5 TAKEAWAYS | NSW EPA Circular Economy Programs – Real change from local communities to big cities
As Australia moves towards a more sustainable future with increased efforts in recycling and waste-management, circular economy initiatives have increased.
With a circular economy, a systemic approach to economic development is designed to benefit businesses, society, and the environment. By reusing rather than discarding materials, we move from a linear to a circular economy designed to reduce waste and pollution, keep products and materials in use and regenerate natural systems.
Kathy Giunta from the NSW Environment Protection Authority opened the panel session with a brief overview of the ‘on the ground’ action supported by the NSW Government working towards a circular economy. NSW have been working on elements of the circular economy for years primarily through their Waste Less, Recycle More initiative which they have been rolling out since 2012.
The initiative is focused on resource recovery with some investment in innovation, waste avoidance and reuse. Their goal is to move towards a circular economy in a way which provides long term economic, social and environment benefits for NSW. At this point Kathy invited our speakers, all of who are working with NSW Environment Protection Authority, to share their great work in supporting a circular economy.
Our panellists came from innovative businesses, industry, not for profits, councils and community groups who have successfully tackled major challenges in waste management.
“What actions can we take today to stem the flow of plastics ending up in our oceans and landfills”, says Samantha Cross of Cross Connections Consulting Pty Ltd who has been hailed an earlier pioneer in supporting a circular economy. “In 2015 I knew I could make a difference and a role I could play”, she continues. Sam’s strong desire to reduce and better manage end-of-life plastic waste drove her to form her business Plastic Police®. Her story started in her child’s primary school where she was frustrated at how much single-use packaging was being put into the bins at home and school. In her first trial the soft plastic collected by the local primary school was made into a bench seat, and from there schools and businesses nationwide wanted to get involved and Plastic Police® took off.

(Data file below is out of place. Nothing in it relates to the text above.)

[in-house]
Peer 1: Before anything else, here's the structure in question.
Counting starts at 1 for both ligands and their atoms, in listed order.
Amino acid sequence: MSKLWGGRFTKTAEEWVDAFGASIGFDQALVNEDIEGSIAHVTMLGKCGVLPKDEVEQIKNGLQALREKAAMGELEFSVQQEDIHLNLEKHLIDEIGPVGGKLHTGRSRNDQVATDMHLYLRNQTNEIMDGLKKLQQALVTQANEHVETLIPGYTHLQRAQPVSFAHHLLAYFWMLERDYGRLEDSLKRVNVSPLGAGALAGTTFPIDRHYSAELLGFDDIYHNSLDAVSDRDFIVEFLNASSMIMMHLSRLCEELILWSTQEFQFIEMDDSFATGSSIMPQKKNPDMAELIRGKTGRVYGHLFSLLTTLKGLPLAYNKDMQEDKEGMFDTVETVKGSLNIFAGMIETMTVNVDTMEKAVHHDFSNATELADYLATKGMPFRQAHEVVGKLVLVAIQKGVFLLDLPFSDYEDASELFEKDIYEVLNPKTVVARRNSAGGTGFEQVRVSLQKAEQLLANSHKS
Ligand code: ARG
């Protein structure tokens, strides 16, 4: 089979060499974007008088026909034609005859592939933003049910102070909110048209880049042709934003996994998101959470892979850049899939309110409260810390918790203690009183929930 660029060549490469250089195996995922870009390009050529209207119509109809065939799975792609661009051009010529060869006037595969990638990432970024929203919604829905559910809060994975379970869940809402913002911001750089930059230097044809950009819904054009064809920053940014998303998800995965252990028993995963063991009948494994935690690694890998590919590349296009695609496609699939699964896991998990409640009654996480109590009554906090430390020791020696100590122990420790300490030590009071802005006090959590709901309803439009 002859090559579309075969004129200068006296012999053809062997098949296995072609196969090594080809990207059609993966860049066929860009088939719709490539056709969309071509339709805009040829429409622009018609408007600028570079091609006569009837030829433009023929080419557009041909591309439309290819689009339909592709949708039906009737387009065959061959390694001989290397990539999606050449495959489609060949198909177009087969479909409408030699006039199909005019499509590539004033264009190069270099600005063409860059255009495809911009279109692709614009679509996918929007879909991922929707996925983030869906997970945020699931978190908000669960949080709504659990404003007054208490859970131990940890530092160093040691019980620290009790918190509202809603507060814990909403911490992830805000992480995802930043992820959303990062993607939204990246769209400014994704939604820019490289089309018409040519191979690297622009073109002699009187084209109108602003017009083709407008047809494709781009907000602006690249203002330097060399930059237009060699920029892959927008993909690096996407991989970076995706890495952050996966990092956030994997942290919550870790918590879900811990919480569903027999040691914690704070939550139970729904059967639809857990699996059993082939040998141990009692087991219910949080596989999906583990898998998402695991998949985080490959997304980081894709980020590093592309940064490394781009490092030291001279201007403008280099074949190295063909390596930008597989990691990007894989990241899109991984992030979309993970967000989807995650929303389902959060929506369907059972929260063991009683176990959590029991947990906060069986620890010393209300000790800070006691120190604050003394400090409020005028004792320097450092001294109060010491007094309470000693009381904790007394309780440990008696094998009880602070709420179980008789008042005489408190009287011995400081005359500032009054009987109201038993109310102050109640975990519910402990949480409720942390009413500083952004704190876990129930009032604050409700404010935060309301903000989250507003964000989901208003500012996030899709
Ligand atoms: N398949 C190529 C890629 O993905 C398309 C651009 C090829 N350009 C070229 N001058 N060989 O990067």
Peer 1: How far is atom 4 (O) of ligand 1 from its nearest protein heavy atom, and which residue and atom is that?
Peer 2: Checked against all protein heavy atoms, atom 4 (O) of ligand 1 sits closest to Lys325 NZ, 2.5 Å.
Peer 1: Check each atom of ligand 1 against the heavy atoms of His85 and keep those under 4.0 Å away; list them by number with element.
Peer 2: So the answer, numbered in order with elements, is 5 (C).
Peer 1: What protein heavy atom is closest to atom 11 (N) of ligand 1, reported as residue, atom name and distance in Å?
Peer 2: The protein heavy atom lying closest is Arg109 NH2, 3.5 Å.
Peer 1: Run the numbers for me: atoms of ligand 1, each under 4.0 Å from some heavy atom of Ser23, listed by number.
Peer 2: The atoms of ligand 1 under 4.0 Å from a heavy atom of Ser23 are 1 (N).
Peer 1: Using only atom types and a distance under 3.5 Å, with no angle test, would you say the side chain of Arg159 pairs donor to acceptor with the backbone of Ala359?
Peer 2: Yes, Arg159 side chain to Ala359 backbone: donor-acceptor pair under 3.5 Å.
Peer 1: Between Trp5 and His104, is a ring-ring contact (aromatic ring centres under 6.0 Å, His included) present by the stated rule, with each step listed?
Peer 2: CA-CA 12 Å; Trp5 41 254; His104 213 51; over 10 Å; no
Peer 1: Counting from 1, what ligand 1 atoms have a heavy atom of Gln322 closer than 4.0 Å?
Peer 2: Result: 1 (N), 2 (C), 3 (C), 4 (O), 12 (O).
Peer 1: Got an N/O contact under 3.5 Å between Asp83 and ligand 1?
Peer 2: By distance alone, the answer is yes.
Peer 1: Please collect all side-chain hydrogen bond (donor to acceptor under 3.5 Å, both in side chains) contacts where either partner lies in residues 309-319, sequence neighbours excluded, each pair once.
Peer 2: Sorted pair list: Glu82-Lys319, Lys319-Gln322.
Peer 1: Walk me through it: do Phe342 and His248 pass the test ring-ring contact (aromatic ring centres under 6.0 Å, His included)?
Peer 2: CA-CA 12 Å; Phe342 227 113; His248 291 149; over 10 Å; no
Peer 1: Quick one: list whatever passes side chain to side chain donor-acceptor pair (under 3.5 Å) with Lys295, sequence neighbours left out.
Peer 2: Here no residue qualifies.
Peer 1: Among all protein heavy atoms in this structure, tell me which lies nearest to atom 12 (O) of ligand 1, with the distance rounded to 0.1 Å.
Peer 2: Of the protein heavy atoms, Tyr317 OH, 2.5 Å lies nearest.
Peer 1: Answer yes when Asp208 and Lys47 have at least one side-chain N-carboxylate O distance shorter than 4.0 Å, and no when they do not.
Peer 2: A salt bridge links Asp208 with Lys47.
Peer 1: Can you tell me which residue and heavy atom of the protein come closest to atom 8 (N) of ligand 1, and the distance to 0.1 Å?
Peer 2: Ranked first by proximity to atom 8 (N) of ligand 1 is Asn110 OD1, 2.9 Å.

Sam believes that we can all take action, no matter how small, to better manage soft plastic waste, and is passionate about environmental education and helping communities and organisations to rethink waste and reduce their soft plastics. “Plastic Police® is helping more organisations to reduce, recycle and to also repurchase Australian made recycled products. Our blueprint for soft plastics provides a framework and outlines the key steps organisations can take.” As Plastic Police® continues to grow, more schools are actively taking steps to waste less and recycle more. The Plastic Police® Starter Pack has been designed to help schools set up and run a successful soft plastic and recycling and reduction program. “Ultimately we want to empower everyone to take action”, adds Sam.
Dunlop Flooring is committed to playing its part in reducing landfill and society’s impact on the environment. As explained by Joe Fernandes, their recycling program ‘Recycle by Dunlop’ encourages retailers to return their used underlay to Dunlop where they recycle and reuse recycled content within their underlay products. “We process at our plant approximately 10,000 tonnes of scrap foam that if we didn’t use in underlay would have found its way to landfill”, says Joe.